Connect With Us

Embouchures.com - Providing Information about the Performance Injuries and Embouchure Dilemmas of Brass Players

The Young Brass Players' Embouchure FAQ

Injury Prevention, High Range Development, and Mouthpiece Pressure

This Web site is largely about the embouchure problems and lip injuries developed by professional players. However, I frequently get inquiries from young players on how they can recognize or avoid a lip injury or how they can address certain playing problems they would like to improve.

Impatience is the greatest enemy of success. Young players want sparkling technique and a powerful, secure high range but rarely realize that there are no gimmicks, special exercises, or shortcuts which will get them the high C of their dreams as quickly as they would like. Unfortunately, sometimes desire and impatience can collide and become a dangerous combination.

Even for the most talented players, great technique and a secure high range take years to achieve and require considerable physical and mental development. So, the student or young professional who decides one day that he is going to master his high range, learn a very demanding concerto, or perfect every piece on the repertoire list of an upcoming audition can wind up putting himself and his embouchure at great risk.

Injury Prevention for the Young Player

The best approach to avoiding injury is to be careful of how much you play. While practice does make perfect, a sudden increase in the number of hours one is practicing or playing, such as for an audition, spending many hours playing in the high range, or playing high and loud all day, can bruise your lips and cause them to swell. When the lips are forced to play after they are bruised and swollen, playing or practicing will no longer be productive.

Most young players naively believe, "...If I practice 5 hours a day, realllllly hard, I'll get monster chops."

Monster chops are developed not by how many hours you practice but how you practice. A half hour of focused, thoughtful practice is far more productive than two hours of mindless chop banging.

How can a young player know when he's played too much?  The best warning signal is lip discomfort. When you've played to the point where your lips have become sore or puffy, that's the time to stop playing. If the lips are still swollen and sore the next day, consider taking a day off. Playing on swollen lips will only render very frustrating results for even the best player. It's better to lose a day of practice and let a damaged lip heal than to think you will "lose" your chops by not practicing.

"My high range is not very good. When I get to a certain point I know that I use too much mouthpiece pressure."

If your high range is not strong, you might want to check your chin when you play. Usually, a problem with the high range is caused by what French hornist Phil Farkas referred to as the "bunching" chin, as you can see demonstrated in the top photograph on the right.  If the center of your chin isn't "stretching" downward in the high range, as demonstrated in the bottom picture on the right, your high notes will be strained, and you will compensate for that by using greater mouthpiece pressure.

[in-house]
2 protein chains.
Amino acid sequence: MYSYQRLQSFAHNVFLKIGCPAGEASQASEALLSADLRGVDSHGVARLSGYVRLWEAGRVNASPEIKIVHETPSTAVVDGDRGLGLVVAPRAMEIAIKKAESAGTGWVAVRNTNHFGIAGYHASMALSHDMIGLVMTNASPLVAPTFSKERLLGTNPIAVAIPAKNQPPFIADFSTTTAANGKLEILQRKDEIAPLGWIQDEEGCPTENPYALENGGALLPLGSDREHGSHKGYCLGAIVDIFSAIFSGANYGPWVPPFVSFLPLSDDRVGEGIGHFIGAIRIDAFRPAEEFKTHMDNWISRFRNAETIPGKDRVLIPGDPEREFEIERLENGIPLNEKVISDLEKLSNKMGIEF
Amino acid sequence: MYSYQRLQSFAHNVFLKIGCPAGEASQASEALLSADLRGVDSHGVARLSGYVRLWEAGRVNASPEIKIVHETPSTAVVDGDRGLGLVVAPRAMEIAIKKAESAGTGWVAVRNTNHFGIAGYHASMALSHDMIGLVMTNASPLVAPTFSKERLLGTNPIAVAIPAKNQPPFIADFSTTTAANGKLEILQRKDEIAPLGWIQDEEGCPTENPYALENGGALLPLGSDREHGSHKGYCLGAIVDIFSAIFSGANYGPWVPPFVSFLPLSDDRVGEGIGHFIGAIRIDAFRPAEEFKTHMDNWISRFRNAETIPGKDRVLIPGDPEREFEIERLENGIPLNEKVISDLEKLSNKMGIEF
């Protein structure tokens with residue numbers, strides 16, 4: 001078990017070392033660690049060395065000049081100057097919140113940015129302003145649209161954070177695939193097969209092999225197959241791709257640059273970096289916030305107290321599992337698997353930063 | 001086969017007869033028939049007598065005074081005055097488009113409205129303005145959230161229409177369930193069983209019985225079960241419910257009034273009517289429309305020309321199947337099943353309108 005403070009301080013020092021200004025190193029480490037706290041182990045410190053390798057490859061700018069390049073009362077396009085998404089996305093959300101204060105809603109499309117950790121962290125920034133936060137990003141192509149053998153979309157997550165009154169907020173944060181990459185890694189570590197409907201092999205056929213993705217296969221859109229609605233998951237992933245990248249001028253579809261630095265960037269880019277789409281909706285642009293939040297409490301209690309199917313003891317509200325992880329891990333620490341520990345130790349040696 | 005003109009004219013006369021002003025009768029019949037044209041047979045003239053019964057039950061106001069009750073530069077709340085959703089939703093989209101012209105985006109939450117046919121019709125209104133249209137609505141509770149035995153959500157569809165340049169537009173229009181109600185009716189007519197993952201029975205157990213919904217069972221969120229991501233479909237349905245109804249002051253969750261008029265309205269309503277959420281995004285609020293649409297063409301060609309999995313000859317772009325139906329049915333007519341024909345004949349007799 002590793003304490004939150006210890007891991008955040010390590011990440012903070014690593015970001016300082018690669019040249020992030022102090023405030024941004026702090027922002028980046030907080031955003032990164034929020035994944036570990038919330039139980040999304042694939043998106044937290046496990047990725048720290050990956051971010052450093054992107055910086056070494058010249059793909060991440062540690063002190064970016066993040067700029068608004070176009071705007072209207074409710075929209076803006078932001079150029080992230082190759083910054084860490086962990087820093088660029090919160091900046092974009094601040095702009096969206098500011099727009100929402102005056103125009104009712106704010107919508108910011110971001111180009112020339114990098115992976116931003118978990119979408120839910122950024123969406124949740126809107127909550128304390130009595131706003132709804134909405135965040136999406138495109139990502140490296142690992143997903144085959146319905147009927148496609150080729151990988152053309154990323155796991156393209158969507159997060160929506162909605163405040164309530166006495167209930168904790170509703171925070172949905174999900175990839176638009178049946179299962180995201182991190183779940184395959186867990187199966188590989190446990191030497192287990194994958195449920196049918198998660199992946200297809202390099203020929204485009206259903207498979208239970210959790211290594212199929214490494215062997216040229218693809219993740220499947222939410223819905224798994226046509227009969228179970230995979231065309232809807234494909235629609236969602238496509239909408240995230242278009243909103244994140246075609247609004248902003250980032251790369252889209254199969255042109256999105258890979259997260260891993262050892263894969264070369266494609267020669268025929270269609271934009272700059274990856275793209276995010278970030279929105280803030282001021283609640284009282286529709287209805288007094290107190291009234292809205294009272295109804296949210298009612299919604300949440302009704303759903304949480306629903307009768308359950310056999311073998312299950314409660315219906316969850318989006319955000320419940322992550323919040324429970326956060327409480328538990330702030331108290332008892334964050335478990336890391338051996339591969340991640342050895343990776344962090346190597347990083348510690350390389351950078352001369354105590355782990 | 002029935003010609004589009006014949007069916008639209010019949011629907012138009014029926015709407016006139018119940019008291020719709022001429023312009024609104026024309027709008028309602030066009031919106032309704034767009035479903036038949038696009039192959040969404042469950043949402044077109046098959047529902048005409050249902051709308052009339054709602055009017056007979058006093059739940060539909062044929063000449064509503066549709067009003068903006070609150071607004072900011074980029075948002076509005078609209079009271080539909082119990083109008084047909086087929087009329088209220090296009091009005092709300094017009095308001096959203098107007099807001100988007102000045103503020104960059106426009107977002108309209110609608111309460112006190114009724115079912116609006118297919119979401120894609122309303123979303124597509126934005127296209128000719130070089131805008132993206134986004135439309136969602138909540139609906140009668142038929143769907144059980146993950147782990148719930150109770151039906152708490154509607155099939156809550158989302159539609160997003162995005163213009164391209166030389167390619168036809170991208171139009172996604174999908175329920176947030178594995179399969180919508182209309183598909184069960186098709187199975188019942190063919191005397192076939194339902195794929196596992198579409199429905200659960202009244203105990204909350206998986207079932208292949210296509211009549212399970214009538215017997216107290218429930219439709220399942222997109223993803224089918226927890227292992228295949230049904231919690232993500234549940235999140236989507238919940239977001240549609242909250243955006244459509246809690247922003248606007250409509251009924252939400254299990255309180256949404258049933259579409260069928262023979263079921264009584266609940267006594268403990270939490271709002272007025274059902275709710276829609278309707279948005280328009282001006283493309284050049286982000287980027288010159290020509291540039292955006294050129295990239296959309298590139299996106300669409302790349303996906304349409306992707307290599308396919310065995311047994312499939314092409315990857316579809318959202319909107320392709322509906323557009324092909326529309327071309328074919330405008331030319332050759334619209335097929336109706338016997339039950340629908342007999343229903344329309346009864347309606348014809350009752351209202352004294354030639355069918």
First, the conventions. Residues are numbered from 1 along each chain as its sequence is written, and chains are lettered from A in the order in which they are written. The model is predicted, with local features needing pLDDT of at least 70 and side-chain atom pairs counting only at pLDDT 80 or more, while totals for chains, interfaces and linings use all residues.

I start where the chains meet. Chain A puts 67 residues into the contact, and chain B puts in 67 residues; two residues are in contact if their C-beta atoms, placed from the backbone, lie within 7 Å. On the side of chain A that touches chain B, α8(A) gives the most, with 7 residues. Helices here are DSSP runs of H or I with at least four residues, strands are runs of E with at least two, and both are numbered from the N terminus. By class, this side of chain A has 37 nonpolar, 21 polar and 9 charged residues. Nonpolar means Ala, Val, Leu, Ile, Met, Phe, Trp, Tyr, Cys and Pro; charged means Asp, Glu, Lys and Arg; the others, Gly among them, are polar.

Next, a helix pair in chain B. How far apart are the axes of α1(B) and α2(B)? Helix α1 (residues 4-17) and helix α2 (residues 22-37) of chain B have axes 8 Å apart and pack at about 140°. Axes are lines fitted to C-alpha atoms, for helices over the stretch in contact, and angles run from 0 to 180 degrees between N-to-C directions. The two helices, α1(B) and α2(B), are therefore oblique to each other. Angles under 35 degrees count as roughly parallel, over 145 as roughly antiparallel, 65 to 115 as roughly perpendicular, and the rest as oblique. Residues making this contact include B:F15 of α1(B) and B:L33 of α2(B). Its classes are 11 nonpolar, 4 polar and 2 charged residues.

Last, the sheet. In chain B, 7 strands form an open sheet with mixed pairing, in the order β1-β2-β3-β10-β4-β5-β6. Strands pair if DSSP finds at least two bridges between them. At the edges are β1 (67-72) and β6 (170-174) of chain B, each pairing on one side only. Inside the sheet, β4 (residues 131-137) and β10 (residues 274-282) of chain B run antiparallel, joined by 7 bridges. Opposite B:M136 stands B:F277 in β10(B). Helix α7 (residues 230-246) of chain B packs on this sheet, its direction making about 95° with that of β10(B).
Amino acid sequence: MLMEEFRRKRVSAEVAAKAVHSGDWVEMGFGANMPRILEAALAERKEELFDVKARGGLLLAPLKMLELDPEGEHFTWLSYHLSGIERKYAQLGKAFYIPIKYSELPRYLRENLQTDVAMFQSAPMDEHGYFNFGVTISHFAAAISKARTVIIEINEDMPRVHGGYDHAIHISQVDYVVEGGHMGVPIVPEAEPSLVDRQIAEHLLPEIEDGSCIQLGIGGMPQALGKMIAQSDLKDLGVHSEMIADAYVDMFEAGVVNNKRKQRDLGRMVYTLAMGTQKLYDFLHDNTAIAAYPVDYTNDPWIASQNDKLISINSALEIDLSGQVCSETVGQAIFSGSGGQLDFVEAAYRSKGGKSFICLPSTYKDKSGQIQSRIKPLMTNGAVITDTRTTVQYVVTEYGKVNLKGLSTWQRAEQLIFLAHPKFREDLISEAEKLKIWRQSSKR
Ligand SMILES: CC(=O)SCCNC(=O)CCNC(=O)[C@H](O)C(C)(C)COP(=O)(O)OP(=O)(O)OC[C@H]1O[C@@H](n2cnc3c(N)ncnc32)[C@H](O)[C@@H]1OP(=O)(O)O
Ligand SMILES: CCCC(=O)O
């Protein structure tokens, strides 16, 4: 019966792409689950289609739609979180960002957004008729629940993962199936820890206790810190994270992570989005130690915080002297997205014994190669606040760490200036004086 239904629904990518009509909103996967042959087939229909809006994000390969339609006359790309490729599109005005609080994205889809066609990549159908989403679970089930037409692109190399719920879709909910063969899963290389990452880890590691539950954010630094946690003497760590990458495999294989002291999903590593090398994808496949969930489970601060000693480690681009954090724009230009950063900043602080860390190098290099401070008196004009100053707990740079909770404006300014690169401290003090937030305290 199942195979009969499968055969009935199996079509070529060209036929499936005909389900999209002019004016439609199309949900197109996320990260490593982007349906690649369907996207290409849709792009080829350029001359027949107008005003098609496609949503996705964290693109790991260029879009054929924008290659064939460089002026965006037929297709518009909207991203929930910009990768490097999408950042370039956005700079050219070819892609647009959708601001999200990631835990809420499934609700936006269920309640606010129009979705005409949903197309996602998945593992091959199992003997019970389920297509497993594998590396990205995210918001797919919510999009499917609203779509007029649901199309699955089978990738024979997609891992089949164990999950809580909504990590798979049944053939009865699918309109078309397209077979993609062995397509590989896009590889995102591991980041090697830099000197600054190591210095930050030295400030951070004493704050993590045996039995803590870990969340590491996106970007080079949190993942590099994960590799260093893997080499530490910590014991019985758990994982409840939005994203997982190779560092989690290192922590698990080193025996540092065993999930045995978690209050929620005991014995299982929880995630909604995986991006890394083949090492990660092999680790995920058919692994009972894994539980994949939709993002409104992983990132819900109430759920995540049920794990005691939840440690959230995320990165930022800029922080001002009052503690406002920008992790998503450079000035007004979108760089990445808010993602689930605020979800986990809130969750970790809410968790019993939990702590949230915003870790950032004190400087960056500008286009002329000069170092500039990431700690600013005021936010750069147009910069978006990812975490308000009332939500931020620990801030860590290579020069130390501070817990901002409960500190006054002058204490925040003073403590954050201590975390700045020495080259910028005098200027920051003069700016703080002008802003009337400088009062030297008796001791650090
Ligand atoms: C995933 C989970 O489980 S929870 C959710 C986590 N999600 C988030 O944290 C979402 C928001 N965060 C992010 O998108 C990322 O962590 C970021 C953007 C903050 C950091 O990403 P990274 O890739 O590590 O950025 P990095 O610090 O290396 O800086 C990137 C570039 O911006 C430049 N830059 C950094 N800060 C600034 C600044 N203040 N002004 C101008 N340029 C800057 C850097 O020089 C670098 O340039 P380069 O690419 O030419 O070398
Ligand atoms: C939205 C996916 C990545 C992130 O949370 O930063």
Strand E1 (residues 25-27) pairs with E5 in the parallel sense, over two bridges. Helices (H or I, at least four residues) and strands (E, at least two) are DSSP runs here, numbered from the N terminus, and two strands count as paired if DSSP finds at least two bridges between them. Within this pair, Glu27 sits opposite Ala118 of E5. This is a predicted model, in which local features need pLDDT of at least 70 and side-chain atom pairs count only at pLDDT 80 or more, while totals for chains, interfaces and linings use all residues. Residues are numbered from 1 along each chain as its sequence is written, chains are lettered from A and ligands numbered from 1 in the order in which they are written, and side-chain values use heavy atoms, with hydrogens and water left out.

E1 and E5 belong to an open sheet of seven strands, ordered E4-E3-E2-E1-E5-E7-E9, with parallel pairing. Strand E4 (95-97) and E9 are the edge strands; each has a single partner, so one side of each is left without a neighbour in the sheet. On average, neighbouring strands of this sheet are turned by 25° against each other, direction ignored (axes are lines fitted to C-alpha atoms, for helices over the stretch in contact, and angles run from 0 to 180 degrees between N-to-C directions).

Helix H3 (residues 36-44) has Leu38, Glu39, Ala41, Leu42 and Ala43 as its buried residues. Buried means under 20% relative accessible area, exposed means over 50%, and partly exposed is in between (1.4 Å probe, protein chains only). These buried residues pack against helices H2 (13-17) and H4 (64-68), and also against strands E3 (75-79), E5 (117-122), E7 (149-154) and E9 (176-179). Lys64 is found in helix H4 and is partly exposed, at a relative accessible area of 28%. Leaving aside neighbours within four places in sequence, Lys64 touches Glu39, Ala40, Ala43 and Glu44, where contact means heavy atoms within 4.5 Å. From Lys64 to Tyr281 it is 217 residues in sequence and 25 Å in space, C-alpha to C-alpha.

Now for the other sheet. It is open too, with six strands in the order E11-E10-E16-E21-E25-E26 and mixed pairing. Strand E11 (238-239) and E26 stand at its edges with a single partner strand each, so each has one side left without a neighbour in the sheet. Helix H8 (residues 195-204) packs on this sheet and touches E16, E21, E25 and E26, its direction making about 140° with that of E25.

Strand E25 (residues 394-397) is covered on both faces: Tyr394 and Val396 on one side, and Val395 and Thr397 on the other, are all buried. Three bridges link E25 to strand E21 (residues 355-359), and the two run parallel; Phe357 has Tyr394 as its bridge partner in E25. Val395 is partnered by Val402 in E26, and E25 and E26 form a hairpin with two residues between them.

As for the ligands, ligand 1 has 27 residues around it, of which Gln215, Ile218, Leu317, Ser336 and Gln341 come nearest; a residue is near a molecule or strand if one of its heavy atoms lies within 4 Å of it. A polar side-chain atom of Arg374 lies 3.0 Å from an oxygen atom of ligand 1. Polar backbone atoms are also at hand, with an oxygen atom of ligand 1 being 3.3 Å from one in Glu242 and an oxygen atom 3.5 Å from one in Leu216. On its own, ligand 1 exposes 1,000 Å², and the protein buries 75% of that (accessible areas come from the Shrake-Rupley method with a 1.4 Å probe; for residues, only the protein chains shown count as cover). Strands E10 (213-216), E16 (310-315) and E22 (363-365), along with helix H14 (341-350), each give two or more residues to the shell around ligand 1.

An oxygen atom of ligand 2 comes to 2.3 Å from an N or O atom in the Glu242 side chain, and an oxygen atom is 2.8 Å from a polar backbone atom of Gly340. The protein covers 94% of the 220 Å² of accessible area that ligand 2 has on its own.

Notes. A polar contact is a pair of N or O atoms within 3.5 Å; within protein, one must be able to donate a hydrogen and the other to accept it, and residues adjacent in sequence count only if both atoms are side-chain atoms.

Watch yourself in a mirror, and play an ascending scale up to high C [instrument pitch]. The center of your chin should appear flat or feel like it is "stretching" downward, not pushing or bunching up toward your lower lip. The natural tendency for younger players is to try to assist playing high notes by pushing the center of their chins up.

You can try a little experiment by playing a comfortable high note and, as you play, stretch the center of your chin down very gently with the index finger of a free hand, and then intentionally squeeze the center of your chin upward. You should hear and feel a noticeable difference in the sound. A downward-stretching chin will give you a clearer, more focused sound.

Young players, who have not yet learned to keep their chins down, will have to work to train it to perform correctly in playing. To do that is very, very difficult and frustrating and will take months of practicing in front of a mirror for a player to be able to control his chin in the high range. Having said that, student players should speak with their teachers before engaging in any kind of mechanical adjustment of their embouchures. If your chin is working properly and you're still having trouble in the high range, the cup of your mouthpiece might be too deep, the bore of your mouthpiece might be too big, or there may be a better rim or inner mouthpiece diameter which could help solve your problems. 99% of the time, though, a problem high range is attributable to a faulty use of the chin.

"How can I get a better high range and tone without causing damage or using too much pressure?"

Muscles which fuel playing techniques and mechanics can't develop overnight. Concentrated daily practice will render steady results. It takes many weeks of focused practice to conquer a new playing technique and physical maturity is essential for developing high range control. Therefore, a "professional quality" high range comes about with age.

Mouthpiece Pressure

Mouthpiece pressure, by itself, is not a problem. Strong, coordinated playing mechanics will always counterbalance mouthpiece pressure. However, when a player's mechanics are not developed, and most young players do not have well-developed mechanics, or one's mechanics have been injured from overuse,  mouthpiece pressure can be a problem. I advise students not to worry about their mouthpiece pressure and just focus on developing good embouchure mechanics. If they do that, any mouthpiece pressure they have been experiencing will eventually disappear.

"I noticed that I have a permanent sort of white "ring" on my upper lip where the mouthpiece hits. Is that a sign of lip damage?"

Lip damage is signaled by pain and swelling. It rarely has any outward appearance.